Tens of millions of dollars are being dolled out for Chicago police overtime pay. Is it the best way to spend that much money? Mary Ann Ahern investigates.
Ever since February 2012, when it became clear that Chicago had an unusually high murder rate Chicago Police Officers began working under an overtime fueled crime-fighting strategy.
As many as 400 officers each night have been saturating high crime areas. Those officer have been drawing time and a half pay for their nightly service.
The cost of that overtime policing strategy might shock residents of the city. This year alone the bill is on pace to reach $100 million.
Police Supt. Garry McCarthy defends the program as necessary, and effective.
“We wanted to jump start that program, because when I described to the mayor what I wanted, and where we were going, he said, ‘you know what Garry, I’ll find the money, make it happen.”
McCarthy points to decreased murder rate in 2013 as evidence of its success.
Through a Freedom Of Information Request NBC Investigates learned exclusively that the city spent $19.9 million for May and June on police overtime. Of that amount, $12 million was for the Violence Reduction Initiative, or VRI.
That’s on top of the expenses already released earlier this year. The city paid $37.2 million in overtime from January to April, with $19.5 million going to the VRI project. Overall, the city spent $57.1 million in overtime costs through June 30th. That’s nearly double what the mayor’s budget projected for the entire year in police overtime.
Nevertheless, 20th Ward Alderman Willie Cochran thinks the proof is in the results.
“If the crime rate continues to drop, I believe we will be more happy that we spent this money,” Cochran said.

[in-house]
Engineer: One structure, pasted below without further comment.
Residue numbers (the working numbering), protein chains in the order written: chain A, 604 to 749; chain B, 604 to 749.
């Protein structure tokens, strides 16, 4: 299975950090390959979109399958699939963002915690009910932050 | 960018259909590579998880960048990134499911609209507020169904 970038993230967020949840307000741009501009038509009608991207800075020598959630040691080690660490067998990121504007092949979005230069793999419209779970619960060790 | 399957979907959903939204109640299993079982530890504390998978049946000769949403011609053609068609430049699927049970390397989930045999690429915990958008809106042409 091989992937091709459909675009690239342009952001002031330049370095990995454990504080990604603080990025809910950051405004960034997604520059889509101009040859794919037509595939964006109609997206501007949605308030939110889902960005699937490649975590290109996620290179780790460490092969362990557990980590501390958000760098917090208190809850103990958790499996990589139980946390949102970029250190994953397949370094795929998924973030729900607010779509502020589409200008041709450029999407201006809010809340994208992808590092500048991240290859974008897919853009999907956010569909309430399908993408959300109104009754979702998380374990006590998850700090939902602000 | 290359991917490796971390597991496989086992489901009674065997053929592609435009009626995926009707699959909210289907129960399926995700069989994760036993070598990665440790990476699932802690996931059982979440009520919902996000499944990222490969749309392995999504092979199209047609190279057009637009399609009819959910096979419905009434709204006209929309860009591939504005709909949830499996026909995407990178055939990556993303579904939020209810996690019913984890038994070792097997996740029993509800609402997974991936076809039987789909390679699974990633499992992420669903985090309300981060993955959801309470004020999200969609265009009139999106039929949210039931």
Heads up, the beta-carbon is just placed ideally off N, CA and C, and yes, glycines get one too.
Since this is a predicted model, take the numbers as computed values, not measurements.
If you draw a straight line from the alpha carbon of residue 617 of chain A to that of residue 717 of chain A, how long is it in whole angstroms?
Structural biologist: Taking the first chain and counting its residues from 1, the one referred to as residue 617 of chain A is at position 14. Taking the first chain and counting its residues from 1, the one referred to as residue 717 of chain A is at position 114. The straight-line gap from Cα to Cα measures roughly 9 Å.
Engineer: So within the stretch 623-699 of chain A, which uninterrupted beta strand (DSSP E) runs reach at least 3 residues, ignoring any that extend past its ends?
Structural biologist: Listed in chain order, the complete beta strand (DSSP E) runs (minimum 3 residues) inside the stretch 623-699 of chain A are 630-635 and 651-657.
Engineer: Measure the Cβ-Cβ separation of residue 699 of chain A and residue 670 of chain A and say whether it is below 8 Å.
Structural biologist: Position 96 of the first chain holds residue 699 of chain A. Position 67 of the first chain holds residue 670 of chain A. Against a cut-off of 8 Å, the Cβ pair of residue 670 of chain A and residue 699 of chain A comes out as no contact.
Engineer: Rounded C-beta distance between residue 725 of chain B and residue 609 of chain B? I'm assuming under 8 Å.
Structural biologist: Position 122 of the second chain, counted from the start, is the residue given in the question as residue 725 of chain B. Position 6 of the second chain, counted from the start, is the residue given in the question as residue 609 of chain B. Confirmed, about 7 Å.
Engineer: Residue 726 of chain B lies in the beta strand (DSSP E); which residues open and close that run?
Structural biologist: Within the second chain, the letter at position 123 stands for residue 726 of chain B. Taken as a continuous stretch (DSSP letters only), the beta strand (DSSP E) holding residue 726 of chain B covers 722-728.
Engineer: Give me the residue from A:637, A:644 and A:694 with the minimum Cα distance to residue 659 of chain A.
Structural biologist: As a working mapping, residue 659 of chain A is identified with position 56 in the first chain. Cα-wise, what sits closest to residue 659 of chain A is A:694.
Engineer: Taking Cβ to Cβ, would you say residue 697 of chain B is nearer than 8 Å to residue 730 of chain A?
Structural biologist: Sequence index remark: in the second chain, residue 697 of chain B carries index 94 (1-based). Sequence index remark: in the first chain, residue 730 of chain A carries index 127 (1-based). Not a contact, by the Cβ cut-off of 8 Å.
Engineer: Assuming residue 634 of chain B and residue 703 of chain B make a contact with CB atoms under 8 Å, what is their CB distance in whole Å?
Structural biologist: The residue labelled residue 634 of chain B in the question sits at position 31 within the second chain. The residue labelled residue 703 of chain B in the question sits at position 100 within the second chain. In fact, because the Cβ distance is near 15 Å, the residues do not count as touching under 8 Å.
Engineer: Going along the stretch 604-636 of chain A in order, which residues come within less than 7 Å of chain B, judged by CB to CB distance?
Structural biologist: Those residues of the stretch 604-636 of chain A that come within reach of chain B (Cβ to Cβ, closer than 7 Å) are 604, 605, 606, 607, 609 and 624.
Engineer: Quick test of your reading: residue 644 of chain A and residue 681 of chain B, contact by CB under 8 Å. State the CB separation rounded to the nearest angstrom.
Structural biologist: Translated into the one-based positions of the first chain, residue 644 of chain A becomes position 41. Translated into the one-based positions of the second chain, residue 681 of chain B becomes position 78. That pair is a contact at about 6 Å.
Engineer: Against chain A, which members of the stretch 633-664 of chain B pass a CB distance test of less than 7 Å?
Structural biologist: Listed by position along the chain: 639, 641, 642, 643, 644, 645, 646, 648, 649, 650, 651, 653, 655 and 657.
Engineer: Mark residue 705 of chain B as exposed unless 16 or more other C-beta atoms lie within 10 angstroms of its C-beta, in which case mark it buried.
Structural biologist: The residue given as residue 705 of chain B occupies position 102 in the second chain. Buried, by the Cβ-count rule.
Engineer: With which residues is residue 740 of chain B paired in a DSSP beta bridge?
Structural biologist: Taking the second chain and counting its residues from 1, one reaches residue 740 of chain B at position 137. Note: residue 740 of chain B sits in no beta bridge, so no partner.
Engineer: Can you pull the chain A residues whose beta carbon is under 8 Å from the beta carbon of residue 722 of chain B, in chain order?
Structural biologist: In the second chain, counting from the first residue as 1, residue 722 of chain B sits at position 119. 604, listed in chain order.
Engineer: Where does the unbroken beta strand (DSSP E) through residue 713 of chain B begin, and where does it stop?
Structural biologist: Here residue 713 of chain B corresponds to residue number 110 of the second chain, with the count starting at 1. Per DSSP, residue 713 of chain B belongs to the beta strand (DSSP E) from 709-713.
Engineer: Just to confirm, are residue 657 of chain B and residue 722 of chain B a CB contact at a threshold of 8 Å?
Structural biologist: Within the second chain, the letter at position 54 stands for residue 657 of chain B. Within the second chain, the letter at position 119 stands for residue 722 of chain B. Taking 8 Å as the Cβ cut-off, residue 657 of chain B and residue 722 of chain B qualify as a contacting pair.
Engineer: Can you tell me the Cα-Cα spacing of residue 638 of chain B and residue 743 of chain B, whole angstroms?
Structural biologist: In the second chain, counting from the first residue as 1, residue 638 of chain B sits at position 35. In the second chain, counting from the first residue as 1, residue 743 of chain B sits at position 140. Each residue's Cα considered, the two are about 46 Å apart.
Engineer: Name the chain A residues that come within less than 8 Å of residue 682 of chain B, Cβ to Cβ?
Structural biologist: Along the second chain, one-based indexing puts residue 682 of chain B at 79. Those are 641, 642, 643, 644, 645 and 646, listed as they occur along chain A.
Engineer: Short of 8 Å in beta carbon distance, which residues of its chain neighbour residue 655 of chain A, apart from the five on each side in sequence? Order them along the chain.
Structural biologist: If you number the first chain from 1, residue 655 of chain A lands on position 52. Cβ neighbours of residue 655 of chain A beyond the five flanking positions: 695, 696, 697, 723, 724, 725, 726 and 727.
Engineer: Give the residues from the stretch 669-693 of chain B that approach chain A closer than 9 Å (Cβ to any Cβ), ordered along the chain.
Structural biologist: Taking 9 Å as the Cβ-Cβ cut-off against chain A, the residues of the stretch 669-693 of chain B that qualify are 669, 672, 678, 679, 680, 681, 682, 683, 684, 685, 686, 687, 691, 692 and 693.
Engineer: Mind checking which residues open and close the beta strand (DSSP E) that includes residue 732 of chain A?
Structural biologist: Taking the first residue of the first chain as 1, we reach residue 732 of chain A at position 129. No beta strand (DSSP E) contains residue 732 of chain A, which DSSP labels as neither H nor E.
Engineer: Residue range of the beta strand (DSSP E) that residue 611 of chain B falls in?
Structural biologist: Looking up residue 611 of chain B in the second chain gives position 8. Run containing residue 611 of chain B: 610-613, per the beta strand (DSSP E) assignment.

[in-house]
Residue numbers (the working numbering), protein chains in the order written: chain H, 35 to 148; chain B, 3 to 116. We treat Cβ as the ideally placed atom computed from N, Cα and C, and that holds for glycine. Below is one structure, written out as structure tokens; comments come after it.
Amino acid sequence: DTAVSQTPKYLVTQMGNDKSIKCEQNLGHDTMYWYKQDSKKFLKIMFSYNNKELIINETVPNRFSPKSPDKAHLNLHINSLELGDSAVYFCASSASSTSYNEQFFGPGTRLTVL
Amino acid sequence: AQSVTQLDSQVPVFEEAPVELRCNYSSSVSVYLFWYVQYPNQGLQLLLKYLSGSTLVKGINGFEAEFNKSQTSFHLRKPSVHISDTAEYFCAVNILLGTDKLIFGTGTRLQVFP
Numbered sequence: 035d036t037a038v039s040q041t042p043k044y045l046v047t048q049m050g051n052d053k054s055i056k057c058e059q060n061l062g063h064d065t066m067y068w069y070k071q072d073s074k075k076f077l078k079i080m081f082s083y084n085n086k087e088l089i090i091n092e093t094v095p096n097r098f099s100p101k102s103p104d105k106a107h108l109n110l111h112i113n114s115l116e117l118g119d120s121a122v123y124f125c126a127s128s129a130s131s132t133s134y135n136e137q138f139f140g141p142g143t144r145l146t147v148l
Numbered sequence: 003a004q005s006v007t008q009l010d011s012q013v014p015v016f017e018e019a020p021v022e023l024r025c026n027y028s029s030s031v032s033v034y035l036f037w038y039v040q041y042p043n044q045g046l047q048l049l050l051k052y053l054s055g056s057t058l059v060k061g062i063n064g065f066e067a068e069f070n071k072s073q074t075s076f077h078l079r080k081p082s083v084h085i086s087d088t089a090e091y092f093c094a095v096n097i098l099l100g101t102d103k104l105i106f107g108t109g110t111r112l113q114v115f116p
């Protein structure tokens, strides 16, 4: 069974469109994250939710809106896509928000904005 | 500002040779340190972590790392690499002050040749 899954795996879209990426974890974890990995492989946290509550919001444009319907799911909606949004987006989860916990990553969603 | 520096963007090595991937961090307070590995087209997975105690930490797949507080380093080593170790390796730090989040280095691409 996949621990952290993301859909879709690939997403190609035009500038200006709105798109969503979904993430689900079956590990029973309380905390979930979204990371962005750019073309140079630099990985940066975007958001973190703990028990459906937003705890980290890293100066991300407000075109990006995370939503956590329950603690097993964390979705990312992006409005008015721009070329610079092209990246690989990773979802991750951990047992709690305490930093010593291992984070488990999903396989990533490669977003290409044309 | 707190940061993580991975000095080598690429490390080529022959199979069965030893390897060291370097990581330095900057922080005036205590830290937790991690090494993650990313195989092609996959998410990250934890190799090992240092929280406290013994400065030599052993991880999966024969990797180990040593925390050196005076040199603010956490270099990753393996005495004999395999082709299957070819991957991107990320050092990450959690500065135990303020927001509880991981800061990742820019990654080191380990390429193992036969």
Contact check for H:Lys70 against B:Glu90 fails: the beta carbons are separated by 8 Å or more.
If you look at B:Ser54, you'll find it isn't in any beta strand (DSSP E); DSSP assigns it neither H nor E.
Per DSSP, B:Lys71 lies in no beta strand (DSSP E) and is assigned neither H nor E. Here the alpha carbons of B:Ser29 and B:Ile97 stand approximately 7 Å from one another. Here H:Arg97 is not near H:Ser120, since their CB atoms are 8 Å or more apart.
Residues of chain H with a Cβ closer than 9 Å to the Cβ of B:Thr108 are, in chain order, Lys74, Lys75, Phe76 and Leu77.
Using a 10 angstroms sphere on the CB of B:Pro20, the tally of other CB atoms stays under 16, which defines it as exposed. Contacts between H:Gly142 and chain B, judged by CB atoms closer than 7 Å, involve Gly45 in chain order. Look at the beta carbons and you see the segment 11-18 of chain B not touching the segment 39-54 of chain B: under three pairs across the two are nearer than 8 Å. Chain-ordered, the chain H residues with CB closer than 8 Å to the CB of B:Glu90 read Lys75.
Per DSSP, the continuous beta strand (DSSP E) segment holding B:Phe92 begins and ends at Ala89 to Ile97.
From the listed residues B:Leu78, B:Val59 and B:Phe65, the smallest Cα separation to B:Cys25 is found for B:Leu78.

Likewise 23rd Ward Alderman Michael Zalewski says the overtime has helped “get us out of the national headlines, as a city that was out of control. Really it was only two zip codes that was having all of the problems.”
McCarthy points out that the newly sworn in officers are beginning to take over the VRI patrols, and the overtime budget starting this month is expected to decrease.
“[The city is] cutting back on overtime, and now we’re back where we started from," he said. "But at the end of the day, if this is about dollars and cents, I think we have a moral dilemma here.”
Kelley Quinn, a spokeswoman with the city’s budget office respond backed up that assertion.
“Public safety is a top priority for the Mayor and he is committed to putting resources where they're needed to ensure the safety of our residents. Overtime will be paid for from a number of sources including funds from revenue increases, driven primarily by the uptick in transfer taxes due to the sale of large commercial properties in the downtown area; savings in police payroll expenses, which have dropped this year by $10 million; and by paying new police officers straight time to go on foot patrol in the 20 impact zones.”